Recent research “found that more than one-sixth of (a Congressional member's) day was devoted to political or campaign work, including fundraising,” reports Roll Call, a Capitol Hill newspaper.
Moreover, continues Roll Call, “Combined with the hours devoted to media relations, the numbers grew to 26 percent of time spent on self-promotion when in Washington and 32 percent allocated that way in their districts.”
So, if “self-promotion” consumed one in four of those in-D.C. “work” days, House members actually worked just 26 days so far this year on the people's business; the Senate, 38. The rest of the time our elected officials were either dealing with personal campaign issues or trolling for campaign contributions.
The newspaper hung some hard numbers on this perpetual political pursuit:
“(T)he average House member raised $1.6 million for the most recent campaign – or $2,200 every 24 hours from Election Day 2010 until Election Day 2012. For the 25 senators who sought re-election, the figures are even more staggering… an 'in cycle' pace approaching $16,000 a day.”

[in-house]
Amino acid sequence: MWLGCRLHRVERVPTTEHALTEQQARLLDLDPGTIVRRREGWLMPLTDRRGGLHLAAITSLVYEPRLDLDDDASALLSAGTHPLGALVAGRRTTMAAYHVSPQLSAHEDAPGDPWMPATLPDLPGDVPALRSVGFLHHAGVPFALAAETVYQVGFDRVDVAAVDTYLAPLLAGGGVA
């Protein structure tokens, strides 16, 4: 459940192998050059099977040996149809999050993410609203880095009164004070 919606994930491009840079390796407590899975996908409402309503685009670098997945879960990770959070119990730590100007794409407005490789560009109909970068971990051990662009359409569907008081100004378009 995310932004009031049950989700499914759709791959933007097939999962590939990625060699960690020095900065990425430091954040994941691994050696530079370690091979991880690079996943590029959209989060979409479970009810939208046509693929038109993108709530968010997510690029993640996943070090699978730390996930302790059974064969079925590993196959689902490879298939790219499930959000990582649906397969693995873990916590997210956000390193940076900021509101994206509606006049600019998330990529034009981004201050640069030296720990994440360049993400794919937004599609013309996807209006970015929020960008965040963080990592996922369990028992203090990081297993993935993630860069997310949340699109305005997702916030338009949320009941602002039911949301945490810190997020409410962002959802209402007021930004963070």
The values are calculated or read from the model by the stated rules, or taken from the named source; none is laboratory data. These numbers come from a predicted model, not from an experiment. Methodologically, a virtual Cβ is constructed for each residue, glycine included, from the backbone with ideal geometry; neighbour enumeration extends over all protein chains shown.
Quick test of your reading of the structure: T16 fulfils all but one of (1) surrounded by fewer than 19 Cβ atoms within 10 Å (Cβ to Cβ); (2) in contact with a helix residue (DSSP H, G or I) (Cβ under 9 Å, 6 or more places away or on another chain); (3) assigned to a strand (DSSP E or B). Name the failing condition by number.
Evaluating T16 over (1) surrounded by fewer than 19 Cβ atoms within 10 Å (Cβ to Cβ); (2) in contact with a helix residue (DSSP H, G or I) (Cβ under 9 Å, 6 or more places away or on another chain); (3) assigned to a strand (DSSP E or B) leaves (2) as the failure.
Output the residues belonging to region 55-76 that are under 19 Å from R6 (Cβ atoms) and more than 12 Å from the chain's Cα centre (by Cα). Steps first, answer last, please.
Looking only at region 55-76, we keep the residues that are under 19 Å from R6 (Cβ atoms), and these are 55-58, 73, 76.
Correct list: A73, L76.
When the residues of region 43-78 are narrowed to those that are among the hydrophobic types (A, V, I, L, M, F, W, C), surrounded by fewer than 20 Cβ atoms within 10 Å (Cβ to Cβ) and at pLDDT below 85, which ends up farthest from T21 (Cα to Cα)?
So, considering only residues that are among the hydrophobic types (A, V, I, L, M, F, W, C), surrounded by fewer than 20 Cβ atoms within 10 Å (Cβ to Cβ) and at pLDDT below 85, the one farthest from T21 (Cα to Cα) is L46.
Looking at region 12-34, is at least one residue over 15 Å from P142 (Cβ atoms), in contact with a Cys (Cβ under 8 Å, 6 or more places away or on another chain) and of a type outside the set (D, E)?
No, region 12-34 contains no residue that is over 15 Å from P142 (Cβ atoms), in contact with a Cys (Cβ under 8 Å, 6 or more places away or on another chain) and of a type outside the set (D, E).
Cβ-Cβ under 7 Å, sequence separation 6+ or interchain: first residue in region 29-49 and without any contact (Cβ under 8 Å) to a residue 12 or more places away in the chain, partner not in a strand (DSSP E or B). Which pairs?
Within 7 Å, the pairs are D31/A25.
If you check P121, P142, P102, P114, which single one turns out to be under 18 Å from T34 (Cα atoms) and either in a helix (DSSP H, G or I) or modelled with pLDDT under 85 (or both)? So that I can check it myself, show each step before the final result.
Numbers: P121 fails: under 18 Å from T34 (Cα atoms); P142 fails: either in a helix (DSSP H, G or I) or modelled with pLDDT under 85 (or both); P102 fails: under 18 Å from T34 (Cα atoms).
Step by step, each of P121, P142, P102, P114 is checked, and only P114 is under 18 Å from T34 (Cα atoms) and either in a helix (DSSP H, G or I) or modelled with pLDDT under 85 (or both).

All this campaign money – collectively, 2012 Congressional races cost $3.7 billion; in 2000, those same races cost $1.7 billion – hasn't bought happiness. It has, however, bought a lot of public debt.
From the 2000 election through the 2012 election, the U.S. federal deficit, in round numbers, climbed from $5.8 trillion to $14.3 trillion.
About $6.1 trillion of it was added by Congress during the Bush Administration's eight years; nearly $3 trillion was added in the Obama Administration's first three budget years. (Another trillion arrives this year.)
That means, of course, that everyone on opposite ends of Pennsylvania Avenue for the past 12 years own some piece of today's federal budget mess.
More directly, so do you and I. We are the ones who elected these political stars and stiffs; they are our “representatives.” That makes us the actual people where the buck stops, behind yesterday's debt and today's budget debacle. It's us out here, not them out there.
Should we cut a 75-year-old's Social Security check to upgrade an 85-year-old river lock? Should we slice my crop insurance subsidy to maintain your Medicare benefit?
Should we move forward together or apart as winners and losers?